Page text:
Like Sairova, Lesia Bondarenko is recovering in Lviv. She lost a finger and her left hand and wrist are tightly bandaged, the result of a narrow escape from Hostomel, a town near the capital, Kyiv, at the beginning of the invasion. 

When the bombing started early on in the war, Bondarenko took her nine-month-old daughter, Kira, and jumped in a vehicle with others fleeing the terror. 

Near a checkpoint, their car was shelled, killing the driver and her friend. Bondarenko scooped up her baby in one arm and helped her friend's three-year-old escape the car.

Bondarenko rushed along the road, panicked and bleeding heavily. Her left hand had been pierced by shrapnel, the wound nearly severing her wrist. 

"I was very scared — you can't even imagine. I was trembling, afraid for my kids," she told CBC, while in the home of a stranger in Lviv who has taken the family in.

"You are thinking, 'Oh my God, is this the end?'"

Lesia Bondarenko, right, is seen with her husband, Artem Kariev, and their baby daughter, Kira. (Susan Ormiston/CBC)

Another driver ended up picking Bondarenko and the children up and bringing them back to a home in Hostomel where they sheltered in the basement. 

A nurse who happened to be in the home bandaged Bondarenko's wrist, but told her she was losing too much blood, and that without medical aid she might die.

"I was losing consciousness, and I was praying: 'Artem … at least save our daughter,'" she said, referring to her husband, who was trapped elsewhere in Hostomel by shelling, and ambulances were slow in coming. 

In a Facebook post, Artem Kariev alerted emergency services to reach his wife and child, and he was eventually able to get to her. 

"When I found her, her face was very white. I  wanted to hug her, but I knew if I hugged her she would start screaming" from the pain, said Kariev.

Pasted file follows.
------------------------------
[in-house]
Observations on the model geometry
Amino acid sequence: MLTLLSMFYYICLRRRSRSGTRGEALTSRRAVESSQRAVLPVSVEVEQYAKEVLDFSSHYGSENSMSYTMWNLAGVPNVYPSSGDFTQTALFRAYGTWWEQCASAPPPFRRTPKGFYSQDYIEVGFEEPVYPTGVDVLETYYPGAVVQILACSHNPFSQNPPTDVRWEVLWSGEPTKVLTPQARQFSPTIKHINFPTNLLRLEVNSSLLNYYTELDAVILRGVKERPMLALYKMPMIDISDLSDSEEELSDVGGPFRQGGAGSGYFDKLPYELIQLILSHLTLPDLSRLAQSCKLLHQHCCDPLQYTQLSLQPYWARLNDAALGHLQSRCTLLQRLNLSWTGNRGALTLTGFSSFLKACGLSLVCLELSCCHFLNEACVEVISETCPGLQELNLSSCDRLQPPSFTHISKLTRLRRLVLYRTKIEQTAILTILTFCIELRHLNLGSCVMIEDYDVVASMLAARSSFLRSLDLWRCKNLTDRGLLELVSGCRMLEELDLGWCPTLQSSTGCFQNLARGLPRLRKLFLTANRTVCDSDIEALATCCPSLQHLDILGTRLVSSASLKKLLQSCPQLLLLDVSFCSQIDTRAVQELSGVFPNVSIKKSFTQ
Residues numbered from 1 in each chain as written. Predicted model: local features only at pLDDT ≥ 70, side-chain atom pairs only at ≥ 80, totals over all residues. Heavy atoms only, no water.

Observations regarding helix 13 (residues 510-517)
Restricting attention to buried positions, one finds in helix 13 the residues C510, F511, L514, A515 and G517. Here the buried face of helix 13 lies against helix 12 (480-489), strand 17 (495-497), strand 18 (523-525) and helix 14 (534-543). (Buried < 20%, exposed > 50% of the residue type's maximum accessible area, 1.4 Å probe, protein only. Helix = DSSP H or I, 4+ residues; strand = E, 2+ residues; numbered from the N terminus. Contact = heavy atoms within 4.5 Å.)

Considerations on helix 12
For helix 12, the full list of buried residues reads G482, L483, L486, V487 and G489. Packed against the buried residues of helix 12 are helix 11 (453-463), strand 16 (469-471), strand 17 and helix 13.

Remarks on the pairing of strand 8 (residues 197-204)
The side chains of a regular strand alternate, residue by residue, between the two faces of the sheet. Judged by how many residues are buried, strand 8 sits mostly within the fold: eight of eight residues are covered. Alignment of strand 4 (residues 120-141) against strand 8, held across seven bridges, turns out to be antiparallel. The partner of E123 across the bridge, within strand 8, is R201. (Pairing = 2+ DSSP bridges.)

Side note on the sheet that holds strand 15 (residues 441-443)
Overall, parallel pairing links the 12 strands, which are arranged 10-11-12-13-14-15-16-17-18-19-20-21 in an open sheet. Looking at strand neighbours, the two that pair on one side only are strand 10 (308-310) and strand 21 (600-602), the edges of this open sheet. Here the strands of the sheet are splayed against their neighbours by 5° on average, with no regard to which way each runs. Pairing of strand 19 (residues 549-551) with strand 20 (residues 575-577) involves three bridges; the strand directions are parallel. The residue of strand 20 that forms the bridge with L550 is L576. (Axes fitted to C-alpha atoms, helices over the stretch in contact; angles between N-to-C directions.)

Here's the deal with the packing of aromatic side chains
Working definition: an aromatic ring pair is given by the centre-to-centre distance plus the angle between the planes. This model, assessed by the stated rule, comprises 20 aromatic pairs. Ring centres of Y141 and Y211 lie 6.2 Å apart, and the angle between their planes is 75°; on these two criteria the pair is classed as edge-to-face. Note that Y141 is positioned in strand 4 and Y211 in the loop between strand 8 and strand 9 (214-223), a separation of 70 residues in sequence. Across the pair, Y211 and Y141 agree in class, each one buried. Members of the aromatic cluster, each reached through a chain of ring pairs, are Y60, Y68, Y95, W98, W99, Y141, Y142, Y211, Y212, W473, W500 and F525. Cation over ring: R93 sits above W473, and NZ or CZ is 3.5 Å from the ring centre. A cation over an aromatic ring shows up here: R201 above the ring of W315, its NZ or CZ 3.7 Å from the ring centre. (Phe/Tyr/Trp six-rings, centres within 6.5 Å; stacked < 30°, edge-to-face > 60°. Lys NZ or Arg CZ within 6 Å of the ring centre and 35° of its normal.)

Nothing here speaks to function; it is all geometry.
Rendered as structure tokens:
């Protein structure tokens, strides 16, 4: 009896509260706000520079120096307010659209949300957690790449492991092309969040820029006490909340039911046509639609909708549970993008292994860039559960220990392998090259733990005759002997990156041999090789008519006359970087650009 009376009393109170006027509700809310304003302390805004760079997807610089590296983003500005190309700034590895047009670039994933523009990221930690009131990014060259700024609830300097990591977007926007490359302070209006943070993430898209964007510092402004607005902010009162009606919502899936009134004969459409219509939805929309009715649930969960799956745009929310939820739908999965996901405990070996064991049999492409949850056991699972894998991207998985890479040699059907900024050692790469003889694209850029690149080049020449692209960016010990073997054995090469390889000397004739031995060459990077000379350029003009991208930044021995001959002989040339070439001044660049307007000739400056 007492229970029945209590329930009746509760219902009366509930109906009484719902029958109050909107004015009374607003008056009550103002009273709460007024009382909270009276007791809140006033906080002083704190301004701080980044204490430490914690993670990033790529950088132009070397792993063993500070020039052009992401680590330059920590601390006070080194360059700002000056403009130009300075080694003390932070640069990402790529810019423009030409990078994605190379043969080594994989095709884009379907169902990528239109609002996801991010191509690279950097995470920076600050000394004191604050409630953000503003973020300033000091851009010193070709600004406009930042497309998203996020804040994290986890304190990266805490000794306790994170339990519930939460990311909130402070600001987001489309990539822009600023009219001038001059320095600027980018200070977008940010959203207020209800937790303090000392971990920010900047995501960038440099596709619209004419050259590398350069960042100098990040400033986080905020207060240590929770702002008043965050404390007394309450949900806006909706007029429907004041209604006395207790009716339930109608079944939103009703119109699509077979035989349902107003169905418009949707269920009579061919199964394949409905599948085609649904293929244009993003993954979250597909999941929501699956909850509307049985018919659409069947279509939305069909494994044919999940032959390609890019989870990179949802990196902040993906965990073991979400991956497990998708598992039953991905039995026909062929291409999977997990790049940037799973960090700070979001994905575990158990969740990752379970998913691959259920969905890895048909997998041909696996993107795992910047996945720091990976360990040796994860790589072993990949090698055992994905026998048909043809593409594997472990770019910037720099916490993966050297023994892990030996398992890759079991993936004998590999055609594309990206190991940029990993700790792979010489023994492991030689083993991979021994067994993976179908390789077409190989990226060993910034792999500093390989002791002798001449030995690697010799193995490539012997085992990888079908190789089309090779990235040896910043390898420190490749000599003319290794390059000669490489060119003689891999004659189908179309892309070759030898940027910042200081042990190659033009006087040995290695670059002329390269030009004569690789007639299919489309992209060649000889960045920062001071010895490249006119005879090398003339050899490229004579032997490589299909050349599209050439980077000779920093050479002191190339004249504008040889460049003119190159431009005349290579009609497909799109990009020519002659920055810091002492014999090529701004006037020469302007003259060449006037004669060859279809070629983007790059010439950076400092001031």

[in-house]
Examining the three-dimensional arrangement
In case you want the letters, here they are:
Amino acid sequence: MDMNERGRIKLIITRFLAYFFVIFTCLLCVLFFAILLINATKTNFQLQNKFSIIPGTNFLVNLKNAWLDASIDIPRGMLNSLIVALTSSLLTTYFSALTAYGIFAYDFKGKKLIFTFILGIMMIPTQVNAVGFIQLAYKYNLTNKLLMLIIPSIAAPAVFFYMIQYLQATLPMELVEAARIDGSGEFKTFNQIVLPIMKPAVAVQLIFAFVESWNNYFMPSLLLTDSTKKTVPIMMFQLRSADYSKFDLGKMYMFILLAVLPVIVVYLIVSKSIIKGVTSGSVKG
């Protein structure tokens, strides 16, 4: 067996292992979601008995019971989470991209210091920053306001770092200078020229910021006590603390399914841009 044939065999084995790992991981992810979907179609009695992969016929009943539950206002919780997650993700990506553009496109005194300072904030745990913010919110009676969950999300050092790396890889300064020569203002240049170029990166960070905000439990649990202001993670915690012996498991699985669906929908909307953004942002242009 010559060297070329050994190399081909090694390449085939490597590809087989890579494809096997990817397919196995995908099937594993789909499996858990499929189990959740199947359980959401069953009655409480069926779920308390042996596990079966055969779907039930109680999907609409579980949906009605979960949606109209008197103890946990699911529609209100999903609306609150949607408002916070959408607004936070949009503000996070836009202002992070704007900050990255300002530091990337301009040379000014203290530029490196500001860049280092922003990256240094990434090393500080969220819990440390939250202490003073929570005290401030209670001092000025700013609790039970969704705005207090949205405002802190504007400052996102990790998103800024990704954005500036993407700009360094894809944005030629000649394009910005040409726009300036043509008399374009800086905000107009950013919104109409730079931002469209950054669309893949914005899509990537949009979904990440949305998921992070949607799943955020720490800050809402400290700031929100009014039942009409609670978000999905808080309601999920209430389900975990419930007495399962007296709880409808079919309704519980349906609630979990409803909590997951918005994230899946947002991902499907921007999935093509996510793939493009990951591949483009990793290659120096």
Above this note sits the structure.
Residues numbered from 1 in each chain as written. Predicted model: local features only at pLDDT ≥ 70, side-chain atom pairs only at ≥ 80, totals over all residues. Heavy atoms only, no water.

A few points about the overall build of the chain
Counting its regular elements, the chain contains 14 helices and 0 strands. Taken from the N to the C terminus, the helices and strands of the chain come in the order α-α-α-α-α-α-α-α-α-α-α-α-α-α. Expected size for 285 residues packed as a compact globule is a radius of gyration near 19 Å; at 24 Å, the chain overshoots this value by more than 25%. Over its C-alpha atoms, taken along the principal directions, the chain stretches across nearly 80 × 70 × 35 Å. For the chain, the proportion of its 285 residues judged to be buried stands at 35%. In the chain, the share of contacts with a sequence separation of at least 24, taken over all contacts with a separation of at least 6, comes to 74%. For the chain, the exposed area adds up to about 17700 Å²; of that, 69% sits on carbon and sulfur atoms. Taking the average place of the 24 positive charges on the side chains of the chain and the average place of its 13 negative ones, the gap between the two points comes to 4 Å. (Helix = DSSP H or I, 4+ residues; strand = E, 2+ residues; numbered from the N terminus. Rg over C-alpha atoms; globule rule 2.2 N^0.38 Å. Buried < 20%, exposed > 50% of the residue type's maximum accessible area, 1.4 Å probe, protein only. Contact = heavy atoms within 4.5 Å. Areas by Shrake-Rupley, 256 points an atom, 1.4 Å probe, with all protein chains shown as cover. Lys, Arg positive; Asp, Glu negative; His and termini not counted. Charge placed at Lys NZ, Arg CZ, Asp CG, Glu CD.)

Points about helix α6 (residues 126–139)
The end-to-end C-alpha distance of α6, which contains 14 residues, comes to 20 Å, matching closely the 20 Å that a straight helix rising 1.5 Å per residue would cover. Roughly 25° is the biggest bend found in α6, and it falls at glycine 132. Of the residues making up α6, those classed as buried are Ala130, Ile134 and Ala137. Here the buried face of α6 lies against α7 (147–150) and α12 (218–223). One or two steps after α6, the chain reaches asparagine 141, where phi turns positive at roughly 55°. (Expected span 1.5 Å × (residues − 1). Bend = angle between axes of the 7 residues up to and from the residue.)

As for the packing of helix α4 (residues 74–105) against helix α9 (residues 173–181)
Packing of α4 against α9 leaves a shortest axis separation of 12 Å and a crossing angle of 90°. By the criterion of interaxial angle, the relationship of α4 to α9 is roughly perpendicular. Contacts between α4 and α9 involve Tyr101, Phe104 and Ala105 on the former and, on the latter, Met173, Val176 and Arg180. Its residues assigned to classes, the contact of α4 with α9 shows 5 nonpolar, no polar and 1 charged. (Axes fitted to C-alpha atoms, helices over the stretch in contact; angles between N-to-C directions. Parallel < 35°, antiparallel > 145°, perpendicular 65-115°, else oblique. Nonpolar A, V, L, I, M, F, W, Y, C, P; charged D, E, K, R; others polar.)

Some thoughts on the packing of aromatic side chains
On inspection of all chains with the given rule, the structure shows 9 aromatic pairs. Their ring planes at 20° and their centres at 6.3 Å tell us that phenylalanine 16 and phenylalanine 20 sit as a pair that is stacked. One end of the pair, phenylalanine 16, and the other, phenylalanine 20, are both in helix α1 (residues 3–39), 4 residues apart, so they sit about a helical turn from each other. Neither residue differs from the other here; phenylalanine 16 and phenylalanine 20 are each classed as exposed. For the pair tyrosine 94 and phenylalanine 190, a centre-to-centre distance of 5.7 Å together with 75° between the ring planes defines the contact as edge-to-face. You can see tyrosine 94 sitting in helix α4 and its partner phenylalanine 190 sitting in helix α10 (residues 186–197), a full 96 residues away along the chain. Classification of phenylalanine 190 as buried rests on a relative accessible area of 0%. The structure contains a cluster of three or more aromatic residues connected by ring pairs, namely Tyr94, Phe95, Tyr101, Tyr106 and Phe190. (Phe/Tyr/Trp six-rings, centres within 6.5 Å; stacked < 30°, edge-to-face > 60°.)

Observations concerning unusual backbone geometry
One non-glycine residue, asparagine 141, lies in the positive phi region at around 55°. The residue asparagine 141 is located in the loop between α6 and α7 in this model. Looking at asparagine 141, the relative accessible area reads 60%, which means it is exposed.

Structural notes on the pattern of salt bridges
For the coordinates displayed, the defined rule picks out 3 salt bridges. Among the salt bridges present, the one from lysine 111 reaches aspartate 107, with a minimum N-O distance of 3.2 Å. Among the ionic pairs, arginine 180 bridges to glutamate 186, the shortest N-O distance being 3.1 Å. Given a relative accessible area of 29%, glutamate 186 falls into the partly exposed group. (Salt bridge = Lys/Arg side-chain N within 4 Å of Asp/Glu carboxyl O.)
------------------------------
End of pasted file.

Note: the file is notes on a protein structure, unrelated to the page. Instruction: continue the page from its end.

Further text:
'They are left with nothing'

Dr. Yuri Vovchko, a surgeon in Lviv, says the war wounds from shrapnel and mines are horrific. 

"These wounds have huge damage — torn and crushed soft tissue," he said. "And these wounds are also infected, so it takes much longer to heal."

But he acknowledges that the psychological wounds are even harder to deal with. 

"People start to collect themselves, become calmer and more organized," said Vovchko, "but their mood is still very depressed, because they are left with nothing. Their homes are destroyed, and usually, they have no relatives and nothing else left."

Dr. Yuri Vovchko, a surgeon in Lviv, says physical war wounds are horrific but that the psychological wounds are even harder to deal with. (Susan Ormiston/CBC)

Sairova's experience has left her angry. "What can you think about the destruction of everything that was sacred and dear?"

In addition to losing a finger, Bondarenko will need multiple surgeries to repair the bones and tendons in her hand. She has a strong faith and believes God saved her. 

In spite of their brush with death, Kariev says, Ukrainians can prevail in the war with Russia.

"We will win for sure," said Kariev. "Because [Russian President Vladimir] Putin is a terrorist. He is not fighting with soldiers; he's fighting with women and kids." 

Bondarenko and Kariev showed CBC a pink baby blanket that still has small bits of shrapnel stuck in the fleece. It had been wrapped around Kira when the car was struck. 

The child has bits of shrapnel embedded in her foot, maybe forever — a grim talisman for a war baby.


Susan Ormiston

Senior correspondent

Susan Ormiston's career spans more than 25 years reporting from hot spots such as Afghanistan, Egypt, Libya, Haiti, Lebanon and South Africa.